Author Topic: Jax's most endangered historic buildings in 2020  (Read 1534 times)

jaxlongtimer

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Re: Jax's most endangered historic buildings in 2020
« Reply #15 on: May 18, 2020, 12:18:17 AM »
Neither are related to each other. The office building isn't over the creek, the printing plant is.

Also, there's only so much daylighting that can be done. A lot more covers the creek than the FTU property. With that said, even their latest concept places another building over the creek:



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Boyer said McCoys Creek probably will have some recreational boating access.

“I just don’t know that you will have enough width to get to a docking space up by the convention center. You’ll have some physical access to that location but I think at this point the surface of the creek is either going to be 60 feet wide or 42 feet wide and with the slope of the bank, the concern is that it’s going to be pretty limited on the number of vessels that could be in there at the same time,” she said.

The good thing, based on the drawing, is the creek shows its 60 feet wide vs. the 42 ft. alternative mentioned.

The bad news is the hotel is front and center over the creek along with its entry drive.  I would think the section of the hotel over the creek could be elevated a number of feet (start with second or third floor there) above the base elevation to give more "air" to the creek (a glass floor over the creek would be cool!) but that entry drive would still be an issue.  With a little effort, it seems they could find a way to move the entry drive (and hotel entrance) from directly above the creek to the west side of the creek, closer to the entry to the parking garage.  Better yet, have the hotel entry from the ground level of the garage and just make the exposed driveway a drop off zone.

The main drive over the creek would be neat if it had a little signature hump to it but I imagine the expense may be a hindrance.

It also looks like there will be some type of driveway along side the hotel running underneath the ramps to the Acosta Bridge.  Will be interesting to see where that ends up terminating.

jaxlongtimer

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Re: Jax's most endangered historic buildings in 2020
« Reply #16 on: September 18, 2020, 02:30:17 PM »
This list needs to be expanded to include outlying areas.  Here are at least two houses in Mandarin from 1877 and 1907 that sit on farm property now up for rezoning for subdivisions.  One is in the news today.  While the developers have offered to relocate the houses, we know from the same offer for Fire Station #5 that doesn't guarantee preservation of the buildings.

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...Property records show two single-family homes on the property. One is the split-level Henry C. Arpen Farmhouse of 1,360 square feet, built in 1877. It was placed on the Federal Historic Register in August 2019.

The developer is offering to donate and relocate the historic farmhouse within Jacksonville or on a lot near the entrance of the community. The exterior will require extensive repairs to the foundation, roof and siding, Danhour said....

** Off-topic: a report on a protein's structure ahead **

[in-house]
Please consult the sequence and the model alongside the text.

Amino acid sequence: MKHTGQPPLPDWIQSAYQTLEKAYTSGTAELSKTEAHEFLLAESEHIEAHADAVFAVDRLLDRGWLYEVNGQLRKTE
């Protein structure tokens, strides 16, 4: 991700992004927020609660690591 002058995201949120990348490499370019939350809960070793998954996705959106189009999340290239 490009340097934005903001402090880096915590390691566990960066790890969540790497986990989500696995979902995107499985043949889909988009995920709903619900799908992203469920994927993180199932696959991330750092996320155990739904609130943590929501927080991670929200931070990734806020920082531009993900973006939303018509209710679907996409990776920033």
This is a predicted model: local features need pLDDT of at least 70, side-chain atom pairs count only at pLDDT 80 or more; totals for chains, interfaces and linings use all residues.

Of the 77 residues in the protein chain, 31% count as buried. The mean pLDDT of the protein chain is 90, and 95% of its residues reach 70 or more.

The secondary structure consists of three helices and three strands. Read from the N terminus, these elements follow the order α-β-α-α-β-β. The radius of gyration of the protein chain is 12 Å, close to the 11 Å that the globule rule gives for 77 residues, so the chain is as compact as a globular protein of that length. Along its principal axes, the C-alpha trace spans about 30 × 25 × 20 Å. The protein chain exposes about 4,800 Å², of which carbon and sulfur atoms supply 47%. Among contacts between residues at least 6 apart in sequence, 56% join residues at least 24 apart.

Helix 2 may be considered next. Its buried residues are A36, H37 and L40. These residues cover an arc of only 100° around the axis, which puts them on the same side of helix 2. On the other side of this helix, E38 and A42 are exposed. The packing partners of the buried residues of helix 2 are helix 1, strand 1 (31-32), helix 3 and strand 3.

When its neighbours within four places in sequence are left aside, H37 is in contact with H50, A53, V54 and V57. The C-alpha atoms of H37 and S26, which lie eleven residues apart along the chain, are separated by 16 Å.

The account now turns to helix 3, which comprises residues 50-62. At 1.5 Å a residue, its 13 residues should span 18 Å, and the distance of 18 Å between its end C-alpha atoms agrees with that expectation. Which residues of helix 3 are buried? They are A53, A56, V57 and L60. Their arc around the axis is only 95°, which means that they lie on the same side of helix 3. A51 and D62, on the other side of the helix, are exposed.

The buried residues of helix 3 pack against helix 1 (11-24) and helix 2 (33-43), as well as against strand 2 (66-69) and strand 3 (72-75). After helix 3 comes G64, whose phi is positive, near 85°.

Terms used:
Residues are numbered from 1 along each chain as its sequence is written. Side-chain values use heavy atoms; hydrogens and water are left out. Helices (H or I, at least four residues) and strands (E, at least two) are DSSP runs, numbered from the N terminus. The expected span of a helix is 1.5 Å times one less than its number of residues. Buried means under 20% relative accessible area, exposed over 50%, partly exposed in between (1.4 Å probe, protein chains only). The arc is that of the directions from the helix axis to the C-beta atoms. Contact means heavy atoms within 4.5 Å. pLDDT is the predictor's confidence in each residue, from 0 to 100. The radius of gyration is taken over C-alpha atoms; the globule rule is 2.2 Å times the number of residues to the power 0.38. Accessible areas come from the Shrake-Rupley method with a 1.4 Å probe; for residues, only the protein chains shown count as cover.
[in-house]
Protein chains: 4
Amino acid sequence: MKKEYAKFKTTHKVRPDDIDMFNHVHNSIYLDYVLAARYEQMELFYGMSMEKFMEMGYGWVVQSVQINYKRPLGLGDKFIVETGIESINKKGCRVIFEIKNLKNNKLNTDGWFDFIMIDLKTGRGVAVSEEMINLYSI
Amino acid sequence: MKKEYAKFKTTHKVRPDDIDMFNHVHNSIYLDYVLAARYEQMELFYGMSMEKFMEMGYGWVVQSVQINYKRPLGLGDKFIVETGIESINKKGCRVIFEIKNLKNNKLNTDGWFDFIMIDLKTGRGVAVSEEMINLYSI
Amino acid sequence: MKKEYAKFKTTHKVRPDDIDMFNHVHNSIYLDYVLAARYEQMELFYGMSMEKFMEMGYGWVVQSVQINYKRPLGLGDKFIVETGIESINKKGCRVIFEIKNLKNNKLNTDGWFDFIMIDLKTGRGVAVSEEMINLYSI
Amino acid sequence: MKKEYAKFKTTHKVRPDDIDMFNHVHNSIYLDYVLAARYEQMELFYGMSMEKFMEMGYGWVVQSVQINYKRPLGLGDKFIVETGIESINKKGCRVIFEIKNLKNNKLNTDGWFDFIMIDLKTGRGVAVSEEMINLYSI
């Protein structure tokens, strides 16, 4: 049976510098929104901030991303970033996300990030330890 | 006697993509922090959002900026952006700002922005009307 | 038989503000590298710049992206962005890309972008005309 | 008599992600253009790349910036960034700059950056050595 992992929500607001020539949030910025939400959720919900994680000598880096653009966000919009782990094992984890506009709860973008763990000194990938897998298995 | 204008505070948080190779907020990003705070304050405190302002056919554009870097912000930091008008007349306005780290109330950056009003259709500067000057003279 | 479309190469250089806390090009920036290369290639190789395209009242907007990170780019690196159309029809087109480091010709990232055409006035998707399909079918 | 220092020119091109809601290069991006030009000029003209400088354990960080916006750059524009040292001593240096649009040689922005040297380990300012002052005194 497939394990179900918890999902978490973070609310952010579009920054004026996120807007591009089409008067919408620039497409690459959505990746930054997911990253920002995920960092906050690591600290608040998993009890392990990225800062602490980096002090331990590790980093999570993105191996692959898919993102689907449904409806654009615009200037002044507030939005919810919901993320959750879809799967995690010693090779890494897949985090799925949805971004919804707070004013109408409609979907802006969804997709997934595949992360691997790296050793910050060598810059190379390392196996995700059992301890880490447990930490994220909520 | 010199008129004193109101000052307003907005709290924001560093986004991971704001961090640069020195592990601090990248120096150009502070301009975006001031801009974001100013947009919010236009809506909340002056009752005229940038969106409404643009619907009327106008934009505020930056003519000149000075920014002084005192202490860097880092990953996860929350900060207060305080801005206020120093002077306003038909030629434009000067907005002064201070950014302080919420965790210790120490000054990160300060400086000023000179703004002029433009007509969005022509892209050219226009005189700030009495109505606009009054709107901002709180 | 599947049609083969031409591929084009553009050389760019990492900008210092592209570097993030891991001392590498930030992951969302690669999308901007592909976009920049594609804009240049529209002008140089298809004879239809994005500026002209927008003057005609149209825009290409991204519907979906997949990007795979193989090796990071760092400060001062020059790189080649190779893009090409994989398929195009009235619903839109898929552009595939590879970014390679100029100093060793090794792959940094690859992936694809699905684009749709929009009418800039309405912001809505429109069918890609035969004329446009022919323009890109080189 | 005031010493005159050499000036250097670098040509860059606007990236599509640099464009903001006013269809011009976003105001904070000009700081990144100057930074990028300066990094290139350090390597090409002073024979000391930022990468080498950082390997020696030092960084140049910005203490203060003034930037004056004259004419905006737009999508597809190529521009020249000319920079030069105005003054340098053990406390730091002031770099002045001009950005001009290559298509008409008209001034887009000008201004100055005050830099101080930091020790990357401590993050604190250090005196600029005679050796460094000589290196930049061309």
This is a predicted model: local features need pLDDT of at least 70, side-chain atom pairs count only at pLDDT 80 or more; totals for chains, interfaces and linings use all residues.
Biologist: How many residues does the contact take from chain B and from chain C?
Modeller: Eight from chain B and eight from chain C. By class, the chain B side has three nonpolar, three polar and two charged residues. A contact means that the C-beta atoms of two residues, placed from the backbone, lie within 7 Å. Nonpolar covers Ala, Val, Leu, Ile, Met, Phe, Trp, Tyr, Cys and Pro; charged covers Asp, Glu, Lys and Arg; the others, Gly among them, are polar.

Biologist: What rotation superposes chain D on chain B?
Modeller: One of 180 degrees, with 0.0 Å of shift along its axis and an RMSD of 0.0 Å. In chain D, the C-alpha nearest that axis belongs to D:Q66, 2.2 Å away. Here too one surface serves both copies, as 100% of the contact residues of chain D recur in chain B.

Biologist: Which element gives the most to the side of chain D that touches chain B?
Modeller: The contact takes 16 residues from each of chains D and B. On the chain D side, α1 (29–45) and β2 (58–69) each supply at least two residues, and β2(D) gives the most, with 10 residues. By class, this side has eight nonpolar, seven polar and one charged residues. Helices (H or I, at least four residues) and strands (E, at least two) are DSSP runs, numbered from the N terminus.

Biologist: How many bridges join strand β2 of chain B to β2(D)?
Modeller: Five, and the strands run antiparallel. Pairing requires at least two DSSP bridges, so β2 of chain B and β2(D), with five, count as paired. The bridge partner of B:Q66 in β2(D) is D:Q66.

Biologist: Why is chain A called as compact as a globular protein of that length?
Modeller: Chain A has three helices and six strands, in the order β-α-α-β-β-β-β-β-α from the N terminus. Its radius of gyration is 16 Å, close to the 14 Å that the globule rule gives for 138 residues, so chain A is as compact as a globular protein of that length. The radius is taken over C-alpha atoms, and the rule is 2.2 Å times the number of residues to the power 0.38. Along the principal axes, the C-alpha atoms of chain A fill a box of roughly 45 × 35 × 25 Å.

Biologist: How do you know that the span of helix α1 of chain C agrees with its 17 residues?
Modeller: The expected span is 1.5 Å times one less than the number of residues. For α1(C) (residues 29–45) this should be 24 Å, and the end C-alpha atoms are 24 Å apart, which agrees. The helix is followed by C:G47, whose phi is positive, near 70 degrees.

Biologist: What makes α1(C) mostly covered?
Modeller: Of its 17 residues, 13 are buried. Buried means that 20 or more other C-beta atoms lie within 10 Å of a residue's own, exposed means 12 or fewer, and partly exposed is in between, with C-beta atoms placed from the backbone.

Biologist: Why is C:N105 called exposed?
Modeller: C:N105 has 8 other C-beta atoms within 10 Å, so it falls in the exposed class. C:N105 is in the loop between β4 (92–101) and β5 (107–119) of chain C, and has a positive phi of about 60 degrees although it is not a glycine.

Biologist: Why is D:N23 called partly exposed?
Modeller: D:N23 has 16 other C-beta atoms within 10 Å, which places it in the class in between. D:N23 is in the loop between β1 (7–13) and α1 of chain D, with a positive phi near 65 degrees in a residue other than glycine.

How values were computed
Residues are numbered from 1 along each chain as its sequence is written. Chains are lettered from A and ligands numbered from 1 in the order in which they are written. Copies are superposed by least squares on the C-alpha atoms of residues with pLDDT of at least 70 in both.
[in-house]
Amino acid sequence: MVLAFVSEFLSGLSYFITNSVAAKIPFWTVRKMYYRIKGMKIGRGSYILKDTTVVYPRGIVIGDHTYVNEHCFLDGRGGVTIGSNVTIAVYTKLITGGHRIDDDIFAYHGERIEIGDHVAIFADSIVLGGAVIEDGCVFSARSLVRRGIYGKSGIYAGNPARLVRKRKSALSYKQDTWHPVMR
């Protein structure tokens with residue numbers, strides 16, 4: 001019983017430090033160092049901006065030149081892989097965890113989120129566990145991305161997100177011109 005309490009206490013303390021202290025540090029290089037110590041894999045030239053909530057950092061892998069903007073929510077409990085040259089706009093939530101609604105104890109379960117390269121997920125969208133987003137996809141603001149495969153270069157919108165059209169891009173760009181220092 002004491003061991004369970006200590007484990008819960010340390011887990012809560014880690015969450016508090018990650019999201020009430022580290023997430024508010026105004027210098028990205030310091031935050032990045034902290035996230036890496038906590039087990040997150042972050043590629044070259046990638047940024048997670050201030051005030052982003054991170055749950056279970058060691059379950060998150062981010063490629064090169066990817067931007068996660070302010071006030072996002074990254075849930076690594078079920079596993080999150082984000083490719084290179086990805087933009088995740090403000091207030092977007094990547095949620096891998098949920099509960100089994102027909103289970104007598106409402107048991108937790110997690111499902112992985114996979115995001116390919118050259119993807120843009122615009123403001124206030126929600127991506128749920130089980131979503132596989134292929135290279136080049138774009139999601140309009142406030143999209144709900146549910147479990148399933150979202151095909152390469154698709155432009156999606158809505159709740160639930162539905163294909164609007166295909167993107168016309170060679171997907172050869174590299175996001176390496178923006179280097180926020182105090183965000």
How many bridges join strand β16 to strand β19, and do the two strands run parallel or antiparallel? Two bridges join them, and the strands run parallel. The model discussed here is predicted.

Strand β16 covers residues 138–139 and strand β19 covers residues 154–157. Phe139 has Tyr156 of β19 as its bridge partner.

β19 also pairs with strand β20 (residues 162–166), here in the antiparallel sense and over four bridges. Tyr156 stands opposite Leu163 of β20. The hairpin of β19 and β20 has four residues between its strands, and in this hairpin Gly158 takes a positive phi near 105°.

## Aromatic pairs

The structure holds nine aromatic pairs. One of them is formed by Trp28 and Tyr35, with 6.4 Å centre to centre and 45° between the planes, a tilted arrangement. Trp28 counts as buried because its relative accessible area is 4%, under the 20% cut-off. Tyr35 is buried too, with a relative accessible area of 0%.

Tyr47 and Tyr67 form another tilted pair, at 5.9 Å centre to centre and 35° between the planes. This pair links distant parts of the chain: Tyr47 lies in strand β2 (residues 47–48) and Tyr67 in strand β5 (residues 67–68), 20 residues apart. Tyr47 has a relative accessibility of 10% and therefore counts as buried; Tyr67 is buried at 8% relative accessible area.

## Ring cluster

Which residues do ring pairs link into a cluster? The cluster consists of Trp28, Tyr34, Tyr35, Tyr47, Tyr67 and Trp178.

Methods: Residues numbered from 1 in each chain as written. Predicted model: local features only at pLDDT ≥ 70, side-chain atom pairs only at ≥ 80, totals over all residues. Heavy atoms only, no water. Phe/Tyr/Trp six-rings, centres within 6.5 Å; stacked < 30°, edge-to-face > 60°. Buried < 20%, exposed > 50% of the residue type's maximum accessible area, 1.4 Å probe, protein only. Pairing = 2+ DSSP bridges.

https://www.jaxdailyrecord.com/article/planning-commission-recommends-approval-of-melcon-farm-in-mandarin



Here is the other on Loretto Road:
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More than 7,000 people signed a petition to stop the proposed property rezoning for a subdivision along the north side of Loretto Road in Mandarin.

Those opposing the rezoning at Change.org, an online petition platform, view the site as the “historic Bowden farmstead property” comprising a historic house and farmland with a pecan grove.

Jacksonville-based developer Curtis Hart with Hart Resources LLC proposes a planned unit development with 55 70-foot-wide lots, less dense than existing development to the west and north.

The PUD ties development to a specific site plan and establishes architectural controls for the homes. Hart Resources said it is willing to preserve the historical portion of the house by relocating it on the property.

Local historian Wayne Wood wrote in his 1989 book, “Jacksonville’s Architectural Heritage,” that the two-story white house, built in 1907 for Fleming H. Bowden, is “an important link to Mandarin’s architecture.”

Wood wrote that the house, which fronts Loretto Road, exhibits the “strong vertical character” of the time. The house originally had a two-tier veranda wrapping around its right side.

He wrote that Bowden was a blacksmith and vegetable peddler who became Duval County Supervisor of Elections for 21 years until he died in 1964.

Charles and Murel Cissell bought the house and 10 acres from the Bowden estate in 1963 and added more land to total 23.59 acres....

https://www.jaxdailyrecord.com/article/the-sailer-report-bowden-farmstead-property-at-heart-of-rezoning-debate
« Last Edit: September 18, 2020, 02:34:58 PM by jaxlongtimer »

vicupstate

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Re: Jax's most endangered historic buildings in 2020
« Reply #17 on: September 20, 2020, 09:11:19 PM »
^^ I admit it doesn't sound good, but it is not often that an owner will pay for the MOVING expenses, usually they just donate the structure itself, which still leaves a hard to fund problem. 
« Last Edit: September 21, 2020, 11:38:00 AM by vicupstate »
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